But in his first statement he said: “I then can hear that this person was busy assaulting my mother in the passage.”
Van Breda’s second description of how he allegedly fought and disarmed the attacker is far more detailed. In his first account to police, Van Breda didn’t mention stepping over his mother and sister dying in a pool of blood as he pursued the attacker. He claimed the first time he saw them was after trying to call his girlfriend Bianca (who earlier claimed on the stand that she was just a friend), while googling emergency numbers on his cellphone as he was climbing the bloody stairs. He alleged he then fainted. The following paragraph is from Van Breda’s first (poorly) transcribed statement: “I then woke up… and I can see that my mother was not moving and my sister was still moving and… breathing. I then got hold of the emergency number and then called the ambulance but I waited for 20 minutes on the phone in the kitchen.
“I then called Bianca. Again about 7.30 and then later again but it went again on voicemail and I then WhatsApped her and then I got through to the emergency people and then they told me that they are going to call the police.
“I then opened front door, went outside for a bit and then I went inside again and sat in the kitchen having some cigarettes while I waited for the emergency people and then they arrived and then I told them what happened and then they treated my family in the house. I did not touch anybody of my family in the house the time the person assaulted my family with the axe.” ( sic)
The possibility of Van Breda’s defence not putting him on the stand is remote.
“If Botha doesn’t call him then he has bigger problems than he will have if he does put him on the stand,” said a seasoned advocate who did not want to be named. WITH tension growing among university students over next year’s tuition costs, there is widespread alarm over the cost of funding an over-populated higher education system.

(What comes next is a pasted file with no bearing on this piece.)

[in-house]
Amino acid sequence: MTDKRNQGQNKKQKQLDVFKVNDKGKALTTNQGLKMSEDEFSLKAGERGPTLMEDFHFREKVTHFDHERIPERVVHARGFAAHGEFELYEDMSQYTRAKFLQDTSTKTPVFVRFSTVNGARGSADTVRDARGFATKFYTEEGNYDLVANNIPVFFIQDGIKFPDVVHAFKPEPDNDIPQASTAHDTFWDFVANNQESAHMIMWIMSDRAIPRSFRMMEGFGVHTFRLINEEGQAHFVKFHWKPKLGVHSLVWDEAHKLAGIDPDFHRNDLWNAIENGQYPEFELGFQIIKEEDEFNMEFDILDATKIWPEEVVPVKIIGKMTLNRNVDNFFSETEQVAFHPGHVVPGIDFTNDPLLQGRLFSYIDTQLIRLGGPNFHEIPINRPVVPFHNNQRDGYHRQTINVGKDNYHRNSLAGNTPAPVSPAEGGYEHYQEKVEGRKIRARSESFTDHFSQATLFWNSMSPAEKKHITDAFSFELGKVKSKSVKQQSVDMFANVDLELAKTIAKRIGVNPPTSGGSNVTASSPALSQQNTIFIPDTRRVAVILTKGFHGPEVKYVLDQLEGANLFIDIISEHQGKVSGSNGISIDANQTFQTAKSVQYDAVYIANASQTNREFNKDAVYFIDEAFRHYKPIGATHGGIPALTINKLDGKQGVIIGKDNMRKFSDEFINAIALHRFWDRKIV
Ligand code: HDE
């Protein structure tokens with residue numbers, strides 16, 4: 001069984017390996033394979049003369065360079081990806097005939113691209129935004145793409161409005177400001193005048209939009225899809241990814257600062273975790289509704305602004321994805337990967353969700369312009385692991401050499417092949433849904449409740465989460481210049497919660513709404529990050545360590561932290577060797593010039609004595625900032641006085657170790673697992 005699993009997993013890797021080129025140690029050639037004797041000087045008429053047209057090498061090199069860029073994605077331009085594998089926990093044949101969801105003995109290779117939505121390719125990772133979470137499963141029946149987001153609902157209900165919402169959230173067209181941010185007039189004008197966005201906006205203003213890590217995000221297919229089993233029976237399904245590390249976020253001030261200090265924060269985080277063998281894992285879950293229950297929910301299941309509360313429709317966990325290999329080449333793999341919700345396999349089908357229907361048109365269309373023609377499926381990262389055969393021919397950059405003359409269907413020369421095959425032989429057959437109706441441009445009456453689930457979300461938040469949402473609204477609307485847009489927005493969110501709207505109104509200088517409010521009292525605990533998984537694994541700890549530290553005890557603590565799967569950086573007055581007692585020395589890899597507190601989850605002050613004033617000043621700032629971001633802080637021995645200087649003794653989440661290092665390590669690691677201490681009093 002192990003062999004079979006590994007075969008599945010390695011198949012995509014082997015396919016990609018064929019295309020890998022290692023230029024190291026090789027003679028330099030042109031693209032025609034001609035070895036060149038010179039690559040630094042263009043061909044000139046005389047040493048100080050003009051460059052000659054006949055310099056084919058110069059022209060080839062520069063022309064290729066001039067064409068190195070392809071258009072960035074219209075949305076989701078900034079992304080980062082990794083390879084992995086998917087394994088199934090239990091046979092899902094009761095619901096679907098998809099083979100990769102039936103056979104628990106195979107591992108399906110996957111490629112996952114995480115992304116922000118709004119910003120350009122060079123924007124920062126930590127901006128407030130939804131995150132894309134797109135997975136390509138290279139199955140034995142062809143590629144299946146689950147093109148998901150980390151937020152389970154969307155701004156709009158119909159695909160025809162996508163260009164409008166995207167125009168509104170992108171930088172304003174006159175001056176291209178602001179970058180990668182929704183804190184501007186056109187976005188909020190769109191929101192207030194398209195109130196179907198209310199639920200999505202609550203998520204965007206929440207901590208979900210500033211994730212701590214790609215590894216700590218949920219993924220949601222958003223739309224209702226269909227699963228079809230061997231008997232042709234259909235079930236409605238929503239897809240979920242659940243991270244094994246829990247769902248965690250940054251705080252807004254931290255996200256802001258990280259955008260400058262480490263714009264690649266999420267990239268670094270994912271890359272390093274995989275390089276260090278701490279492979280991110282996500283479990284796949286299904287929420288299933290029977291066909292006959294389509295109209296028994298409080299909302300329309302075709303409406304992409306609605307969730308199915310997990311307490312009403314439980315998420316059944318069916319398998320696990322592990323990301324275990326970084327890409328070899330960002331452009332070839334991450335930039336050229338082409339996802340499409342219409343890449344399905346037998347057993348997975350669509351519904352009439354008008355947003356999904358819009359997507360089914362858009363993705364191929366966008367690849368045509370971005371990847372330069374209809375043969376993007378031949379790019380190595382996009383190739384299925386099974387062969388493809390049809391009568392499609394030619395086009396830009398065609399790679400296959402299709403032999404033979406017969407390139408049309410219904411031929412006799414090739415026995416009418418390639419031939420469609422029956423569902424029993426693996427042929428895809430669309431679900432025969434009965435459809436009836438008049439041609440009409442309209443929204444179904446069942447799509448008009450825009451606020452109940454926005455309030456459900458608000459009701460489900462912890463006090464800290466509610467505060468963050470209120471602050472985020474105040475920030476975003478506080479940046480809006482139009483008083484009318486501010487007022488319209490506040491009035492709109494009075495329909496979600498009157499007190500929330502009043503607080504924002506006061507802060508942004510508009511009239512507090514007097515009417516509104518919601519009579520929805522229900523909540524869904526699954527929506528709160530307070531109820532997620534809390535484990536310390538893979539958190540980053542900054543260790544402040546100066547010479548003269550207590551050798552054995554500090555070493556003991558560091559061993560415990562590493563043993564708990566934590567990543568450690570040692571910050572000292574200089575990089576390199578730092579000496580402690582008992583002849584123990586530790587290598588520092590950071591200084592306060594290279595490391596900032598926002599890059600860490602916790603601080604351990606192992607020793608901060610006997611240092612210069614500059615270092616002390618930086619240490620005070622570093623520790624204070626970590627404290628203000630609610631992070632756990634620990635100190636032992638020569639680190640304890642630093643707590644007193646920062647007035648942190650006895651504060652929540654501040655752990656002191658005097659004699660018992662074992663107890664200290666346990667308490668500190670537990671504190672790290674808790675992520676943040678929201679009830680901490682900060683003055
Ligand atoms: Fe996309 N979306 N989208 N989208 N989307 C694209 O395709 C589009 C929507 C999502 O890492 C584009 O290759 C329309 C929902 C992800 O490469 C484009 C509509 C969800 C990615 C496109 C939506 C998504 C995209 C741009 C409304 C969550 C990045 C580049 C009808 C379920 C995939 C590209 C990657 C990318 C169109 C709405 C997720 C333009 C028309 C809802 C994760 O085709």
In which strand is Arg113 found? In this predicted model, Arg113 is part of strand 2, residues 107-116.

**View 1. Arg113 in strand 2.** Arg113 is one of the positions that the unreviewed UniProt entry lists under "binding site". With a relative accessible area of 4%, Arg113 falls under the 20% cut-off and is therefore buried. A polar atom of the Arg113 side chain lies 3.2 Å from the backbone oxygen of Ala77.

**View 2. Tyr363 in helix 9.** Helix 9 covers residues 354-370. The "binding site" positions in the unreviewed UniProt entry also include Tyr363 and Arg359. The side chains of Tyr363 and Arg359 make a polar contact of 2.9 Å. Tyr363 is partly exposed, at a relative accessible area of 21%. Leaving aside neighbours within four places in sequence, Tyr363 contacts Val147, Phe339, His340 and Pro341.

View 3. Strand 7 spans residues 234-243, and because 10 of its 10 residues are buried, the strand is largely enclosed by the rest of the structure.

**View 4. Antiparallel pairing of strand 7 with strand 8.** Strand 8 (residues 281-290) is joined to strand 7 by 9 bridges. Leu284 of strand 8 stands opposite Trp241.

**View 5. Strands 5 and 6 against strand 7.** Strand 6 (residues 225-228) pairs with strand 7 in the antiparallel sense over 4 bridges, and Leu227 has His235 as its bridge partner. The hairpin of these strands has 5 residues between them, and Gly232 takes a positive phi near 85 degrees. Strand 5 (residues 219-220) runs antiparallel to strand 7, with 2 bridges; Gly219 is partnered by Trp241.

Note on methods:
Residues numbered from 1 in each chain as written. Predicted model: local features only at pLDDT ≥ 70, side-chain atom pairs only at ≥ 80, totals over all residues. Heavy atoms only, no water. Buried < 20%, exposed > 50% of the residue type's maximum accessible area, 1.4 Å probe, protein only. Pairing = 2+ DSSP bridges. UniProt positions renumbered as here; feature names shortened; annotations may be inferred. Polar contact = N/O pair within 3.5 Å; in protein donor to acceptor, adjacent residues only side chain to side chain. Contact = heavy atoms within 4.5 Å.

The #FeesMustFall movement is gaining traction once again as universities await the release of the fees commission report before making a decision on their fees for 2018.
Yesterday the presidency indicated that President Jacob Zuma is finalising the processing of the report and will in the week conclude consultations with relevant ministers to ensure that government can implement his decision.
Earlier this week Finance Minister Malusi Gigaba indicated that government was already making large contributions towards higher education with the budget increased from R77 billion this year to a projected R97bn for 2020 and 2021.
Economist Dawie Roodt said as it stands government simply cannot afford to pay for free education.
“I don’t know why the president is sitting on the report, it might be that it would indicate there is significant financial distress among students and that might put pressure on him to put pressure on the minister of finance to spend more money on the students,” he said.
“That is a possibility but the reality is, looking at the minister of finance’s point of view, we have reached the end of the road and we have run out of money. There simply is no more money. It is so bad; I expect the ratings agencies to downgrade South Africa any day now.
“Can we afford to pay for the students, the answer is yes but we must cut something else. Students are very organised and they are vocal.’’
Henri van Breda sits in an ambulance displaying injuries to his torso.